JD. Where did you get that info?
I did exactly as you suggested and googled welding galvanized steel and added OSHA. This is what I found this at http://www.osha.gov/doc/outreachtraining/htmlfiles/weldhlth.html
Zinc is used in large quantities in the manufacture of brass, galvanized metals, and various other alloys. Inhalation of zinc oxide fumes can occur when welding or cutting on zinc-coated metals. Exposure to these fumes is known to cause metal fume fever. Symptoms of metal fume fever are very similar to those of common influenza. They include fever (rarely exceeding 102o F), chills, nausea, dryness of the throat, cough, fatigue, and general weakness and aching of the head and body. The victim may sweat profusely for a few hours, after which the body temperature begins to return to normal. The symptoms of metal fume fever have rarely, if ever, lasted beyond 24 hours. The subject can then appear to be more susceptible to the onset of this condition on Mondays or on weekdays following a holiday than they are on other days.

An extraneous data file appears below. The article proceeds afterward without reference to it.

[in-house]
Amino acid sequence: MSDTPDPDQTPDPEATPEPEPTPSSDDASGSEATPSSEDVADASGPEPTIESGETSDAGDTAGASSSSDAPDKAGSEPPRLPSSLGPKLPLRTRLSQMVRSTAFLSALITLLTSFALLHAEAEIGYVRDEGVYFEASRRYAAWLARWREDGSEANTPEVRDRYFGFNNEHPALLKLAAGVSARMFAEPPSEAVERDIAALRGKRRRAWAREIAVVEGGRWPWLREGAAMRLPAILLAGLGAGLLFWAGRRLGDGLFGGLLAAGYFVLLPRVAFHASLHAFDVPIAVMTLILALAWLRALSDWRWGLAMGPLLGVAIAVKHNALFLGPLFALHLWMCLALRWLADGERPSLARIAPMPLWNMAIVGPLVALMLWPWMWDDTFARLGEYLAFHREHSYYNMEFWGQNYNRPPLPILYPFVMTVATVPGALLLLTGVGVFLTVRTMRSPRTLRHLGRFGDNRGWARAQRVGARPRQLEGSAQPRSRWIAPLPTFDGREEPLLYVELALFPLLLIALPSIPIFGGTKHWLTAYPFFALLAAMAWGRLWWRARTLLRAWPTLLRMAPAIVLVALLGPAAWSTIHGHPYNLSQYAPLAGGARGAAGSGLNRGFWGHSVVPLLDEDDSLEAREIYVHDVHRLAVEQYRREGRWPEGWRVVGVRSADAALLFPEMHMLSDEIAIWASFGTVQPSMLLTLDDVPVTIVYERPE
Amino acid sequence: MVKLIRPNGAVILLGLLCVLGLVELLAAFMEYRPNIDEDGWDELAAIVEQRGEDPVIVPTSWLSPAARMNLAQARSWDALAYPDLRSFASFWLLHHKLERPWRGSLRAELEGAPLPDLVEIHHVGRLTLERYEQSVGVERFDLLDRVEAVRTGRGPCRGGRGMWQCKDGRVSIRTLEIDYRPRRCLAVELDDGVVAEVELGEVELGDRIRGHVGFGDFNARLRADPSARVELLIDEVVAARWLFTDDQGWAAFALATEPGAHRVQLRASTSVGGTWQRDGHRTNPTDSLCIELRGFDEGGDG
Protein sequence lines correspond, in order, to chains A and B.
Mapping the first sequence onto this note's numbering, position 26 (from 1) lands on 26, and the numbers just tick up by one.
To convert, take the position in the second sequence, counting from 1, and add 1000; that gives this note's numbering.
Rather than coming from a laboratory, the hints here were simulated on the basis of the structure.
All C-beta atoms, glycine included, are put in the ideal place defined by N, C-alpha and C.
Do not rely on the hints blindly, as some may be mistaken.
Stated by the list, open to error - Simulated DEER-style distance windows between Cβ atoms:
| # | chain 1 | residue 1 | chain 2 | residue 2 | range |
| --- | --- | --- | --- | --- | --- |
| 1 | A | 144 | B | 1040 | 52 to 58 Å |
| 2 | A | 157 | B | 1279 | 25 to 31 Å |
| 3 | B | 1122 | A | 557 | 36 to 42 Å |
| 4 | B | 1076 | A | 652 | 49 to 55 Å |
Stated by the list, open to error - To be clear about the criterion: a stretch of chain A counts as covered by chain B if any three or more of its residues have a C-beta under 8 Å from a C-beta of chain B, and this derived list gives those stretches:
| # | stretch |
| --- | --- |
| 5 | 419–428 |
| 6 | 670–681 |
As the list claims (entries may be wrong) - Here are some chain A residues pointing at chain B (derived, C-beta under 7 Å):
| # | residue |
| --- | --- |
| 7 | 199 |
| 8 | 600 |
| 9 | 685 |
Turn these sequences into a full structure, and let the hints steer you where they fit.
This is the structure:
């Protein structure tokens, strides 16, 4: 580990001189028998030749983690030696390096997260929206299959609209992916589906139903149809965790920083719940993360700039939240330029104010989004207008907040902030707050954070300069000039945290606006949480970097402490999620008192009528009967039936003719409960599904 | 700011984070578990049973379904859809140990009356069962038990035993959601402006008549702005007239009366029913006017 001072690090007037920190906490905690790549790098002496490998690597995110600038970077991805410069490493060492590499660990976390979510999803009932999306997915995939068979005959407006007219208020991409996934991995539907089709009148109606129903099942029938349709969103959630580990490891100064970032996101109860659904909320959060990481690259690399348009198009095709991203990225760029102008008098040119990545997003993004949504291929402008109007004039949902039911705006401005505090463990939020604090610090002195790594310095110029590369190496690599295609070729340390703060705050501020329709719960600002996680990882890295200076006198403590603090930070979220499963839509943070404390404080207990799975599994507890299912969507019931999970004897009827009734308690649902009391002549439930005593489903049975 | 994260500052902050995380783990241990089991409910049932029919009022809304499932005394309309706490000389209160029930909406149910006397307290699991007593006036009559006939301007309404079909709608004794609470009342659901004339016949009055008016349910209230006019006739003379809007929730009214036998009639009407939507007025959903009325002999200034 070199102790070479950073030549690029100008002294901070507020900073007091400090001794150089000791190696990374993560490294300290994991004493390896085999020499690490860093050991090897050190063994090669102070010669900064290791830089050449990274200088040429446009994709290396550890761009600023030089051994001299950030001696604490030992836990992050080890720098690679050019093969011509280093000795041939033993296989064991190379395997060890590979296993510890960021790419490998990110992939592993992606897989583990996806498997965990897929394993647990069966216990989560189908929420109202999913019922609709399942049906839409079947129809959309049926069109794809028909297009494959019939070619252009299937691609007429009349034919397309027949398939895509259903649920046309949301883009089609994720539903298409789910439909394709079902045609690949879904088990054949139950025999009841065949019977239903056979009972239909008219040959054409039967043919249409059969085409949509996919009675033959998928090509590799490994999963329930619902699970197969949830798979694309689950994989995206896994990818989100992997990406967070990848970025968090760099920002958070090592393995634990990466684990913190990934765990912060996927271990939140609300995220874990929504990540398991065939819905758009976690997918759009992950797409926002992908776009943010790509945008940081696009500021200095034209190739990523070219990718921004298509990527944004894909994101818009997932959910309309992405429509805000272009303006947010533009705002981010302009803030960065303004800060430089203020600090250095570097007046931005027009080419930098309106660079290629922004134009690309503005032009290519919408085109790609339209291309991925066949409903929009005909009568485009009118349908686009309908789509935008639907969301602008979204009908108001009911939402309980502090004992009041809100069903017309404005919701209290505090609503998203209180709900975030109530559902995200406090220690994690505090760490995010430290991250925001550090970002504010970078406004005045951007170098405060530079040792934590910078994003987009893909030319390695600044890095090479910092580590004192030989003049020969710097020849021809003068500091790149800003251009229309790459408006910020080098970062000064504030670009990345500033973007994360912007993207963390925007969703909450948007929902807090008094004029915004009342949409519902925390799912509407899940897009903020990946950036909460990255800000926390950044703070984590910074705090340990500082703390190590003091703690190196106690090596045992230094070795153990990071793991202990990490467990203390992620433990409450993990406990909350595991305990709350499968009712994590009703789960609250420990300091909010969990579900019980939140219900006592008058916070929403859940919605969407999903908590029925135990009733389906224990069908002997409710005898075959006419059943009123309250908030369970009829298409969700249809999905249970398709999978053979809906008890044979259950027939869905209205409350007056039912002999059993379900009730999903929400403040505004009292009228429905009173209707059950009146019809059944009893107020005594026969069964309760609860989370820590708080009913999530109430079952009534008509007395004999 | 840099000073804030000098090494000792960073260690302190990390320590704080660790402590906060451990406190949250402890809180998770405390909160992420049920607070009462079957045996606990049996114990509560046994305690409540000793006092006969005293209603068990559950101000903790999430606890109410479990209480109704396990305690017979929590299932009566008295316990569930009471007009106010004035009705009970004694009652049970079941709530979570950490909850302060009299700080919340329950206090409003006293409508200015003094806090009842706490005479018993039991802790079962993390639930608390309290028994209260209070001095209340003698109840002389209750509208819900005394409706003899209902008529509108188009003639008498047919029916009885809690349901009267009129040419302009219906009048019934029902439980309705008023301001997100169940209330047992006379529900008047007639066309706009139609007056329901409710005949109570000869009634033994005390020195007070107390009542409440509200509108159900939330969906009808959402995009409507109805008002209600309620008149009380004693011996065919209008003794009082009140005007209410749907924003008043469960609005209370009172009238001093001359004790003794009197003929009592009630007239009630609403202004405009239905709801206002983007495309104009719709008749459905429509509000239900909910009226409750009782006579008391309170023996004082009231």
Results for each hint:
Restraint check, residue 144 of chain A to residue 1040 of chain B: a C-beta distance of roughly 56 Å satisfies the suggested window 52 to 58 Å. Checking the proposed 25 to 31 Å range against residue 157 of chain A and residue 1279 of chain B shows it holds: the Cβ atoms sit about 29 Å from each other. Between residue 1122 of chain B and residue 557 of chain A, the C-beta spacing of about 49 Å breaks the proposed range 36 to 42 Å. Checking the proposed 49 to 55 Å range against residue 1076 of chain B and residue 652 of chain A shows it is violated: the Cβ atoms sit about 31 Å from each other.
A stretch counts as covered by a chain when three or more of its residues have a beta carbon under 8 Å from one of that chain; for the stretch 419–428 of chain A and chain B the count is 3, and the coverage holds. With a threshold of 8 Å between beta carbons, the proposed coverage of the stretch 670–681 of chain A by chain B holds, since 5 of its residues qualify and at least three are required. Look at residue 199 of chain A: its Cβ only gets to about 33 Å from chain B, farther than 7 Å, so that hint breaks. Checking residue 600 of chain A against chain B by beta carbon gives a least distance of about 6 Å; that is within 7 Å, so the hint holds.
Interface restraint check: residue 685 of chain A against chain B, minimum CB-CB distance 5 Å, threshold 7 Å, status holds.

Also from Sperkoengineering.com:
Zinc Fumes -- A Safety Hazard?
When zinc vapor mixes with the oxygen in the air, it reacts instantly to become zinc oxide. This is the same white powder that you see on some noses at the beach and the slopes. Zinc oxide is non-toxic and non carcinogenic. Extensive research nto the effects of zinc oxide fumes has been done, and although breathing those fumes will cause welders to think that they have the flu in a bad way, there are no long-term health effects.
I have welded galvanized steel (conduit) with no short term ill effects and feel confident that my life will not be reduced by doing so. I have read that some welders are sensitive to this and others are not, so I won't make any absolute claims. I am not a welder and don't weld galvanized steel for 8hrs a day. I do open the garage doors for good ventilation.
I'm not trying to start a fight, but just trying to clear up a misconception.
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